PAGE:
Sorry for the lame title for this post, but continuing on with the A-Z Blogging Challenge, I wanted to do an entry on what I'm doing right now.
It boggles my mind.
I have a blog...
And people are reading it.
Yeah, yeah, yeah, cat. I'm shocked, too.
I've been blogging about my experiences as an aspiring author for less than a month, and it still seems strange to me. I never thought I'd have a blog. None of my hobbies are so incredibly fascinating that I needed to share them with everyone: I like to read; exercise; spend time with my husband, friends, and cats; shop. And it seemed like all the good blog ideas were either too much trouble or already taken - I wasn't about to maroon myself on a deserted island that magically had WiFi and talk about my sunburn, and though I love to cook, I didn't have an urge to work my way through Julia Child's cookbook over the course of a year...
Anyway, it wasn't until I made the conscious decision to get myself published that I realized I had no idea how to market myself, and when I did start to give it some thought, it became clear that I didn't even know where to begin. Part of it was that I wasn't thinking like a 21st century author. My brain was still stuck in the literary dark ages. Obviously, back in the day, Charles Dickens wouldn't be posting YouTube book trailers for A Christmas Carol and Oliver Twist on his blog and Facebook, then taking to his Twitter account and tweeting the links so a wide a range of people could see them. If the "greats" didn't use this newfangled "blog" thing, what good would it do me?
I had to see it in action.
The whole blogging process didn't even begin to seem like a good idea until some friends I'd met in the writing community (the lovely Jennifer DeLucy and Laura Kaye, among others) began finishing their own manuscripts and chronicling their journeys to publication on their own blogs. I found myself reading them, and, more importantly, I found myself identifying with a lot of what they were posting about.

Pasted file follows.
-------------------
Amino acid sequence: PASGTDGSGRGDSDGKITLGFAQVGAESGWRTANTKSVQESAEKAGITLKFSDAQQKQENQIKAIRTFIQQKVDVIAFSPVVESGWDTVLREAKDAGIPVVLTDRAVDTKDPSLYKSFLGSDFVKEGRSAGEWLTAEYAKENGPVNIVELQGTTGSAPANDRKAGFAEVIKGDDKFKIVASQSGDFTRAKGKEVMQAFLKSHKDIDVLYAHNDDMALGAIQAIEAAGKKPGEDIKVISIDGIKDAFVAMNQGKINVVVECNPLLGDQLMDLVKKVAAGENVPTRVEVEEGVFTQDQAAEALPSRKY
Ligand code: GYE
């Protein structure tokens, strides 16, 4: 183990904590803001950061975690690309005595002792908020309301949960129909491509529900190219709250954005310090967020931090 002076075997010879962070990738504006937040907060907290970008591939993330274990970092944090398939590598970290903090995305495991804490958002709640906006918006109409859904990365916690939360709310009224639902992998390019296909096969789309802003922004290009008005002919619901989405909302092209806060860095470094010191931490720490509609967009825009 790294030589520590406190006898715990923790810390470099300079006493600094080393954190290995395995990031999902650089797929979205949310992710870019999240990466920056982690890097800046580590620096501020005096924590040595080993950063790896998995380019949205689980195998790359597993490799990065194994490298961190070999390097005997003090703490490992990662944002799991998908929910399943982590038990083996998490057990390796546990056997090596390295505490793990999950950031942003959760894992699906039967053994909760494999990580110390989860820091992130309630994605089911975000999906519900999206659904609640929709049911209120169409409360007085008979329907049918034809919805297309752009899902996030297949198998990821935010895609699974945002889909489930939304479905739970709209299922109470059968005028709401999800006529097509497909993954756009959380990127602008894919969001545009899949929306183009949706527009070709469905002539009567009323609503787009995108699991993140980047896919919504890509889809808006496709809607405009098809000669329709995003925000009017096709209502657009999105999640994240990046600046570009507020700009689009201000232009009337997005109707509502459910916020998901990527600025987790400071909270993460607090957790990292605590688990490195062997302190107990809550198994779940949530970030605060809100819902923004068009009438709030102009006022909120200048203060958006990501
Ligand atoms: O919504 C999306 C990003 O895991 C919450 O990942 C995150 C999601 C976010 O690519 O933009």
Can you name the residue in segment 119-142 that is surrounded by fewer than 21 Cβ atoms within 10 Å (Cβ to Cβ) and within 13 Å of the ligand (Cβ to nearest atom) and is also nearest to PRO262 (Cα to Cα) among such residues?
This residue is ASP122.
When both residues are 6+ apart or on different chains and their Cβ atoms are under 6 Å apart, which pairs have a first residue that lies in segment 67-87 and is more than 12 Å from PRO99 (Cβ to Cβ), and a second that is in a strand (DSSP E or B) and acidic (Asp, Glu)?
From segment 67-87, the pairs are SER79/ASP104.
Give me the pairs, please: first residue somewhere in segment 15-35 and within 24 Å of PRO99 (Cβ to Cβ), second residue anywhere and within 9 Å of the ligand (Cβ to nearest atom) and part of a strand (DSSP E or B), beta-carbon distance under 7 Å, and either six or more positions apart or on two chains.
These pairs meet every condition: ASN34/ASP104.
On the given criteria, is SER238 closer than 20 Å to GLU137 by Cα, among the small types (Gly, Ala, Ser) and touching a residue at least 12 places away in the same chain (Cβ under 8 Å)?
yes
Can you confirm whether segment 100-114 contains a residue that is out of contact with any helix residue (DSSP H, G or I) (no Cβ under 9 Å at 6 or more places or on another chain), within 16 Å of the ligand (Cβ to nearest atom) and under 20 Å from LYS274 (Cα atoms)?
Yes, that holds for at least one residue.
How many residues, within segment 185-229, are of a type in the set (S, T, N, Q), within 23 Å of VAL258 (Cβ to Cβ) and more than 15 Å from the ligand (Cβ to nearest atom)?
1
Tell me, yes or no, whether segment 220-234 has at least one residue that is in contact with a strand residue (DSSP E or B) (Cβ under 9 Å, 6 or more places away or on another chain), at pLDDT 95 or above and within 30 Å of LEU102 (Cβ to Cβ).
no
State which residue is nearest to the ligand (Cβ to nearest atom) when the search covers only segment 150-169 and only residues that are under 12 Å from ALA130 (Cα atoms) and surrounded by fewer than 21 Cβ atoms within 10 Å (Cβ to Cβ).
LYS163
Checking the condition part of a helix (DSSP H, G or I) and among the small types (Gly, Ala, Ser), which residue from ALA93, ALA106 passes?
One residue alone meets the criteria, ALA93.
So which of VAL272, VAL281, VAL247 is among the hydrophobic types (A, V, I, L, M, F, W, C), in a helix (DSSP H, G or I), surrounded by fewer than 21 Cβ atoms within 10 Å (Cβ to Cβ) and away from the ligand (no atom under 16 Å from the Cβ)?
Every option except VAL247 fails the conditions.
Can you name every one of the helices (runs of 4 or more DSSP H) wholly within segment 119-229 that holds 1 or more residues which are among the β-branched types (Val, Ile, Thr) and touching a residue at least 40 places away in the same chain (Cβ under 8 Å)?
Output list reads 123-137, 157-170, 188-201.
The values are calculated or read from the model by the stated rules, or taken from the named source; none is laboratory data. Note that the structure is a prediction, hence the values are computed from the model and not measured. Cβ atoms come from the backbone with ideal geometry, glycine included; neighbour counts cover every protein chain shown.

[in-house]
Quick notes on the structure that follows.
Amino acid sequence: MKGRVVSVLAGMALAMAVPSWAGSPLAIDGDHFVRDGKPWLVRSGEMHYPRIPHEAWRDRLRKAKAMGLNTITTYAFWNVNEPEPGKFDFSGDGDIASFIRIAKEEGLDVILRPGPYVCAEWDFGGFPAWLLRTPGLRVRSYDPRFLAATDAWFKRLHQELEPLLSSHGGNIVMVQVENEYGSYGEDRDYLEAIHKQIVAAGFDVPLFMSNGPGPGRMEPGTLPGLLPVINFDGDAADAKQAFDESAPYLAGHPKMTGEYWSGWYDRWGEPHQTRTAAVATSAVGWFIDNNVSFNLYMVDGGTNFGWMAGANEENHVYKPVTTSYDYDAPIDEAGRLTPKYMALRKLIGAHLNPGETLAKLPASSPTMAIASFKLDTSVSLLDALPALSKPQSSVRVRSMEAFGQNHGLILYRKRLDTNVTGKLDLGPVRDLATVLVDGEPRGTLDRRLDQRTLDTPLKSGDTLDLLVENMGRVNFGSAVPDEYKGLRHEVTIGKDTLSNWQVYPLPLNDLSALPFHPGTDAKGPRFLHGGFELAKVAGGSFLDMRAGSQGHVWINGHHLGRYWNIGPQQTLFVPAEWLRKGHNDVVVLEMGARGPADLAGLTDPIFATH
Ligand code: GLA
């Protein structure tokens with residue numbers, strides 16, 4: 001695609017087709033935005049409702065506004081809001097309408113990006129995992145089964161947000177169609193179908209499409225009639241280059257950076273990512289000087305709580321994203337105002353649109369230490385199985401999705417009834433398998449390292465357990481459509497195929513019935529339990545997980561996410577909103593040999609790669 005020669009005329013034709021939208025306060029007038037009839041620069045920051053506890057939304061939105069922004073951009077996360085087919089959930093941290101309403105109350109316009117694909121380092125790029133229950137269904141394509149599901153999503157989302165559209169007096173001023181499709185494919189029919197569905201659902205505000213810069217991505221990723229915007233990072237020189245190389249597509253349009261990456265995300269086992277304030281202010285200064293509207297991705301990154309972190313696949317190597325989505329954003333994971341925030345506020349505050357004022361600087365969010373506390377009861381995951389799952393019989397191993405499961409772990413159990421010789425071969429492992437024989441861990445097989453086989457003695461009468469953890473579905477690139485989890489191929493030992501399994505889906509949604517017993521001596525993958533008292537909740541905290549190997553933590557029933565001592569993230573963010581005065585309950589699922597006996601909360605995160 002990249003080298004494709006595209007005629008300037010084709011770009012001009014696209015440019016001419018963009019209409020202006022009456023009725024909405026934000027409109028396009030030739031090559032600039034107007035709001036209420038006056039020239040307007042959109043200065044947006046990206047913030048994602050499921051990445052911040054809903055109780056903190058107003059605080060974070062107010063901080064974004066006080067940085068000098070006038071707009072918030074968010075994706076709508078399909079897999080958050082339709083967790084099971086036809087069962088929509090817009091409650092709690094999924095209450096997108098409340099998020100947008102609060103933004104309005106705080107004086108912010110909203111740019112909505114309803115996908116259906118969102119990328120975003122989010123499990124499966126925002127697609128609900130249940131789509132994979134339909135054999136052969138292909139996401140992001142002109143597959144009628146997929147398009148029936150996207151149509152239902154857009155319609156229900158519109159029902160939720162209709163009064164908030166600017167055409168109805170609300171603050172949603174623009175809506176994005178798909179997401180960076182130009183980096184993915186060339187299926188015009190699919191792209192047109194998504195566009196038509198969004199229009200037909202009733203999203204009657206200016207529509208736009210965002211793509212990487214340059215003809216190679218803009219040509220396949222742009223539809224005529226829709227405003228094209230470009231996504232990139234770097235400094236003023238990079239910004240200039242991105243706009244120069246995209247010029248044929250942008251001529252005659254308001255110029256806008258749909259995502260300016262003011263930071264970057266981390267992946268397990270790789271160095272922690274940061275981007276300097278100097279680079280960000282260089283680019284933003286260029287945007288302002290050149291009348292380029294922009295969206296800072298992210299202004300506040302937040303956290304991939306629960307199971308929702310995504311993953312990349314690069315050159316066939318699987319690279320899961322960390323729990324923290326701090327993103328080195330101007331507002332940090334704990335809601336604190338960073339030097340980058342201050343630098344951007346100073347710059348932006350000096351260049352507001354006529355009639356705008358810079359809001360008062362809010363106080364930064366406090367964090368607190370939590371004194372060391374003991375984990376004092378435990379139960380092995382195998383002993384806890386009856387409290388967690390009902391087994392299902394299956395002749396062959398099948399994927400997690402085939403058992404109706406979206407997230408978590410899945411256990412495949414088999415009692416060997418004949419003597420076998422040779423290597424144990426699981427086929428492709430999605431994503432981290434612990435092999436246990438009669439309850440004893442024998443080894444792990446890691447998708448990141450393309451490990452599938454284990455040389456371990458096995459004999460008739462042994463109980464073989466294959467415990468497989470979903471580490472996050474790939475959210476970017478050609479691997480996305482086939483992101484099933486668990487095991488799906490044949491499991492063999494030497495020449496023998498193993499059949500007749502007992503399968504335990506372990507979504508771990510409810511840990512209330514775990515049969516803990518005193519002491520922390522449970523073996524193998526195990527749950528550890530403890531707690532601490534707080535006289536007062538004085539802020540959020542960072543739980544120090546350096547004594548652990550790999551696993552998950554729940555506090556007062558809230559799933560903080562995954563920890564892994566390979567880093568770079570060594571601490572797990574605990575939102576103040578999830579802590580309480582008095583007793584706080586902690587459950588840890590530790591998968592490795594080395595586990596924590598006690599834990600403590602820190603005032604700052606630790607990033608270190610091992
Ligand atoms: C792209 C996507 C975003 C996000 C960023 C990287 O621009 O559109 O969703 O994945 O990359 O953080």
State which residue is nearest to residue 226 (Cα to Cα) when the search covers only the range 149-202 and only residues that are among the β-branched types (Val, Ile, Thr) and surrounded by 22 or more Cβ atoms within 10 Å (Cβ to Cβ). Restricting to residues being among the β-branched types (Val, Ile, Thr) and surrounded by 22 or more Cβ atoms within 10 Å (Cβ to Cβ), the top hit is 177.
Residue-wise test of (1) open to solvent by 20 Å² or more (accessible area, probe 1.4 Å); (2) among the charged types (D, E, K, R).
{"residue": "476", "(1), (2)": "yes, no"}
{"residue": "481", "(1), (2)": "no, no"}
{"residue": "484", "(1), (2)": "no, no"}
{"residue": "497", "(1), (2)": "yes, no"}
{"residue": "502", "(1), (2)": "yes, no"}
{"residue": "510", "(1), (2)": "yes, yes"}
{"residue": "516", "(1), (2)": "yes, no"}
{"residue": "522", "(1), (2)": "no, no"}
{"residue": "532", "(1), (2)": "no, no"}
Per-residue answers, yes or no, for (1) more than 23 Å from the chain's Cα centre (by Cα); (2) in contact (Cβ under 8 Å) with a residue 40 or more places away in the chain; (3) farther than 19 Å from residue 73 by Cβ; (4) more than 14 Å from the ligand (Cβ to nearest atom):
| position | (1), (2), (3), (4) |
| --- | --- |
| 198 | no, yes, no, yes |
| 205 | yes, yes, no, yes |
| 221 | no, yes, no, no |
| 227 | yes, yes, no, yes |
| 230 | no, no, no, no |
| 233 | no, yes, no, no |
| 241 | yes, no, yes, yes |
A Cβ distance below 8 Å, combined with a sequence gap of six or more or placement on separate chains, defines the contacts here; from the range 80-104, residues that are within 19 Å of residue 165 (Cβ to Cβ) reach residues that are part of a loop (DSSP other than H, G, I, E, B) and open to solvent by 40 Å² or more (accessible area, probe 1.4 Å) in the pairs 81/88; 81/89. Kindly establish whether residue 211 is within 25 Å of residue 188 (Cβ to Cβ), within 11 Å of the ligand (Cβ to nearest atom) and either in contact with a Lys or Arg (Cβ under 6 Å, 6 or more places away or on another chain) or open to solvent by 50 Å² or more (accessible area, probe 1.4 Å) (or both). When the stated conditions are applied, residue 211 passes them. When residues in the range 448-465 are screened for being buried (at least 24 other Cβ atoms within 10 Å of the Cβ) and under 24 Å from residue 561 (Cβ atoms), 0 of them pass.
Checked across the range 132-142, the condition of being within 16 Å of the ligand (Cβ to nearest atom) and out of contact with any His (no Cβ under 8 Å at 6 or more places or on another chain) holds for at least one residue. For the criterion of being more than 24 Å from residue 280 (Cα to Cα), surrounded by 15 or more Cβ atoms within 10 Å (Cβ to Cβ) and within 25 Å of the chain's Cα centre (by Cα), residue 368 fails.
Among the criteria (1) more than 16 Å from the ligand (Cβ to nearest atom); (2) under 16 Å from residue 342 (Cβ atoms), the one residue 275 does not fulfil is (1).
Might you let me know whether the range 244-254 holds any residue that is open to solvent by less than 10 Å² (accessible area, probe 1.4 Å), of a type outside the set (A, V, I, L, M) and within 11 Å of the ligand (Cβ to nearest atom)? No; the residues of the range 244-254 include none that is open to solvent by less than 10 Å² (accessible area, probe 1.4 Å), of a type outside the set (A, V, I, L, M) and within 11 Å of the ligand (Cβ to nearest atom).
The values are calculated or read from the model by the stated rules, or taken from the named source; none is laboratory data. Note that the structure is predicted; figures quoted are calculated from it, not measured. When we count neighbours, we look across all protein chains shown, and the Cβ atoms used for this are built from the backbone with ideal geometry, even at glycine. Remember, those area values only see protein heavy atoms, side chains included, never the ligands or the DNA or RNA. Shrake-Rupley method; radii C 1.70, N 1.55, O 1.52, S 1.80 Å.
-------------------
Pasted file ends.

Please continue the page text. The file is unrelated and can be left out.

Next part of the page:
It was then that it hit me: Blogging would allow me to find others like myself who were in similar situations. Other newbie word-smiths who were struggling to make their word counts, send queries to agents and publishers, getting rejections, receiving acceptances...I could learn from them, and they could learn from me. The realization that blogging could be something other than an elaborate online diary overcame me with the fierce intensity of teenage girls chasing after Justin Bieber.
This, I could do.
Blogging about my own experiences as a fledgling writer could help me reach out to others and give them access to me as well, not to mention gaining some perspective on what was happening in my own writer-world. I can't imagine that Charles Dickens had a large group of fellow authors he could contact and learn from, and not only because life expectancy was pretty low at the time. Distance, lack of an invention called the "telephone" (which wouldn't be around until the late 1870's), and language barriers...I'll bet Dickens had to deal with all that, just to find some like-minded souls. Even though he lived abroad for a while and even visited America, for all intents and purposes, if a writer wasn't in England within a reasonable distance from him, he wasn't going to meet them.
I'd like to imagine that he would have blogged.
Still, I dug my heels in and didn't start one until recently. Why? I don't really know. But now my eyes are open, and I'm prepared to embrace blogging for the amazing tool that it is: a record of struggles, highlights, connections, kudos, rants, promotion and information.
Because I wanted to keep this entry relatively short, I did want to mention that blogging is also a wonderful medium to use to connect to people who might be interested in your work...either future readers, agents, or even publishers. Not to mention Twitter, Facebook, and websites, but perhaps we'll save those for another day.